Naming has to be one of the most interesting aspects of writing that I’ve run into so far. Everyone and everything has a name, which almost makes naming mundane and trivial. Almost, but not quite. If everyone and everything has a name, then how do those names come about? How is it that someone can name all of their characters, cities, systems of power, and so on without throwing their head back and screaming or giving up before the job is done?

I’m going to be completely honest; I don’t know!

Luckily that isn’t the point of this post or I would be in trouble.

During my outlining process, which has turned from something I meant to keep brief to a massive catalog of information, I’ve had to name a numerous amount of things: characters, organizations, cities, government sects, deities, and so on. Some of these are still unnamed and have temporary labels until I come up with something better, while those that have names are steadily fleshed out to become the great thing or character I have envisioned. So – and here comes the lesson! – this tells me something important.

There is strength in naming!

Think about it. Using an example of the Greek pantheon, imagine if Zeus was merely called the “God of Lightning, Sky, and Air” and Poseidon “King of the Sea.” These names work, but they lack a certain substance that give them more validity and power. Their validity is lessened further when other gods and goddesses are introduced that bear similar titles. If there were many deities of the sky and sea, how would we distinguish between them? Why would we care about them?

Stories and feats can sometimes replace the strength that a name gives, but usually the title has to be unique in its own right. Examples like The Upright Man from Feist’s world of Midkemia or Mass Effect’s Shadow Broker do this well. Through the actions of these people, the titles become strong enough to replace any given name. Without these feats and stories behind them, the titles would be just as empty as the unnamed pantheon. Could you imagine Superman being acknowledged as Superman if he didn’t save Metropolis every now and then? Spider-Man? Ha, he would be laughed at if he simply walked the streets like every other person.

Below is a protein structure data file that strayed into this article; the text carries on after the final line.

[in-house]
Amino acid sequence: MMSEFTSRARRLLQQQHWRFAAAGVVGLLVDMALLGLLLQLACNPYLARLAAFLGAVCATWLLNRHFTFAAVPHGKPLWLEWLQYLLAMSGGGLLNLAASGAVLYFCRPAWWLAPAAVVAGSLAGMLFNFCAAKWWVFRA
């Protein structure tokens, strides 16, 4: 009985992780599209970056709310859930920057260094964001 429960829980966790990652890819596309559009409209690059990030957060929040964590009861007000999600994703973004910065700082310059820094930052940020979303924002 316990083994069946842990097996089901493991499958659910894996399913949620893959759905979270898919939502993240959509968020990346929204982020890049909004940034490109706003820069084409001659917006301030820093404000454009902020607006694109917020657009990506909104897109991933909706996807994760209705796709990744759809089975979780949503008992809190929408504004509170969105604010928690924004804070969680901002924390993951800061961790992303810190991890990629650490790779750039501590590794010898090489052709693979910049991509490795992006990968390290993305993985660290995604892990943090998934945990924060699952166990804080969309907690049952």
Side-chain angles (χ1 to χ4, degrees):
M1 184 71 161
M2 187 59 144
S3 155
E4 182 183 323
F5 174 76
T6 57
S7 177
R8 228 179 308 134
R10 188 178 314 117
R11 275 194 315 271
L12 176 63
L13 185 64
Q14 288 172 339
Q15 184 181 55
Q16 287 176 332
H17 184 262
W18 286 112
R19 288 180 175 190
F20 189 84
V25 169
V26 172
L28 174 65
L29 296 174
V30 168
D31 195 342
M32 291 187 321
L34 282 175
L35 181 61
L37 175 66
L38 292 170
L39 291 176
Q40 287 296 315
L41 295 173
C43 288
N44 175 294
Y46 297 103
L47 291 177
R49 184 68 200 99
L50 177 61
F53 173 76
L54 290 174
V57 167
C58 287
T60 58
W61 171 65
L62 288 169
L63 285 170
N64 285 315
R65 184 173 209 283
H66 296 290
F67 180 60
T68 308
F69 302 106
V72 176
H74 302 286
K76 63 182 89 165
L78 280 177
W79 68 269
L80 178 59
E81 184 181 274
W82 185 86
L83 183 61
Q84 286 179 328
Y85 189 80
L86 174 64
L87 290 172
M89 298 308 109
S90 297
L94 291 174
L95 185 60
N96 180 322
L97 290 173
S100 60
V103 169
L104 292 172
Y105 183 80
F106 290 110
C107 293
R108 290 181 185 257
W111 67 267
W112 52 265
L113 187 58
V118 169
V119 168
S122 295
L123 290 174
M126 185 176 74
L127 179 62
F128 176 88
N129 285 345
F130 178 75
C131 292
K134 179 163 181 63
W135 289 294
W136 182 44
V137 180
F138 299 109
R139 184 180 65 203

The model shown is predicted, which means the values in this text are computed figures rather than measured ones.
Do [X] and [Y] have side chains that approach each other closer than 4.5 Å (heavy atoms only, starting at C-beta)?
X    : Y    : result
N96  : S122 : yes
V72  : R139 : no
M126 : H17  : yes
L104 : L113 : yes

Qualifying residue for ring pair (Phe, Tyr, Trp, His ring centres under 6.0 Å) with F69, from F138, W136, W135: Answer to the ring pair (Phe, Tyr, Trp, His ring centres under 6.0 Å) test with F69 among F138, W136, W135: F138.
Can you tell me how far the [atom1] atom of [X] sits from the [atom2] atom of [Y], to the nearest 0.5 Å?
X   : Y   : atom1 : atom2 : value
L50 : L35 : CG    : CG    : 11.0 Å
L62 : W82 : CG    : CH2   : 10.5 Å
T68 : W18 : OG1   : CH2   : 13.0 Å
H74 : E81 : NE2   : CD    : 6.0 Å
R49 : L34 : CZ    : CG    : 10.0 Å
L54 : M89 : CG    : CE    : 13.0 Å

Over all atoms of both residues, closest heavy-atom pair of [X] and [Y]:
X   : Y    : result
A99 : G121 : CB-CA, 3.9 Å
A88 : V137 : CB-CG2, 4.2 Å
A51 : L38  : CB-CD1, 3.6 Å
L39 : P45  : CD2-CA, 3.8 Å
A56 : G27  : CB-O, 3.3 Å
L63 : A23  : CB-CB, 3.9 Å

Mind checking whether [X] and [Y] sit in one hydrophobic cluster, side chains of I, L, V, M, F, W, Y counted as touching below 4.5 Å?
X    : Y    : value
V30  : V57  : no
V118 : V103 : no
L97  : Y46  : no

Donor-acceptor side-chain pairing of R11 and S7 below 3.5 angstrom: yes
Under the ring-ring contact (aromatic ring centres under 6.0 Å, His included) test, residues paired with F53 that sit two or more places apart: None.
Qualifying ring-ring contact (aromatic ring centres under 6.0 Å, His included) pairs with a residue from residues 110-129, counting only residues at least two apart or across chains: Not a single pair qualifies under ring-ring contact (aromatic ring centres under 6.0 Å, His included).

However, I digress from my point! Aside from the above examples, I’ve found that the naming can make a difference in a writer’s interest for certain outlining/plotting aspects. I, for example, couldn’t dive too deeply into the building of my story’s city without giving it a name. The name itself, like with characters, had a feeling that helped define and breathe life into the city. I had ideas in mind for particular buildings and sections for the city, but those ideas lacked a core that brought them all together until the city was named.

Similarly, I’m having issues with a particular organization that plays an important role in the plot. I know what I want it to do for the sake of the plot, but the lack of naming keeps me an inch away from ownership and the next step in its characterization process. It is like wandering through an unfurnished building of my design. I’d like to tell the movers that they can start bringing in the sofas, tables, and so on, but the name is the password that keeps them from coming inside. Cheesy example, but it makes the point.

So, as you can see, I’m still floating through the middle of this lesson, but I’m on the right track to success. Now to keep on writing!

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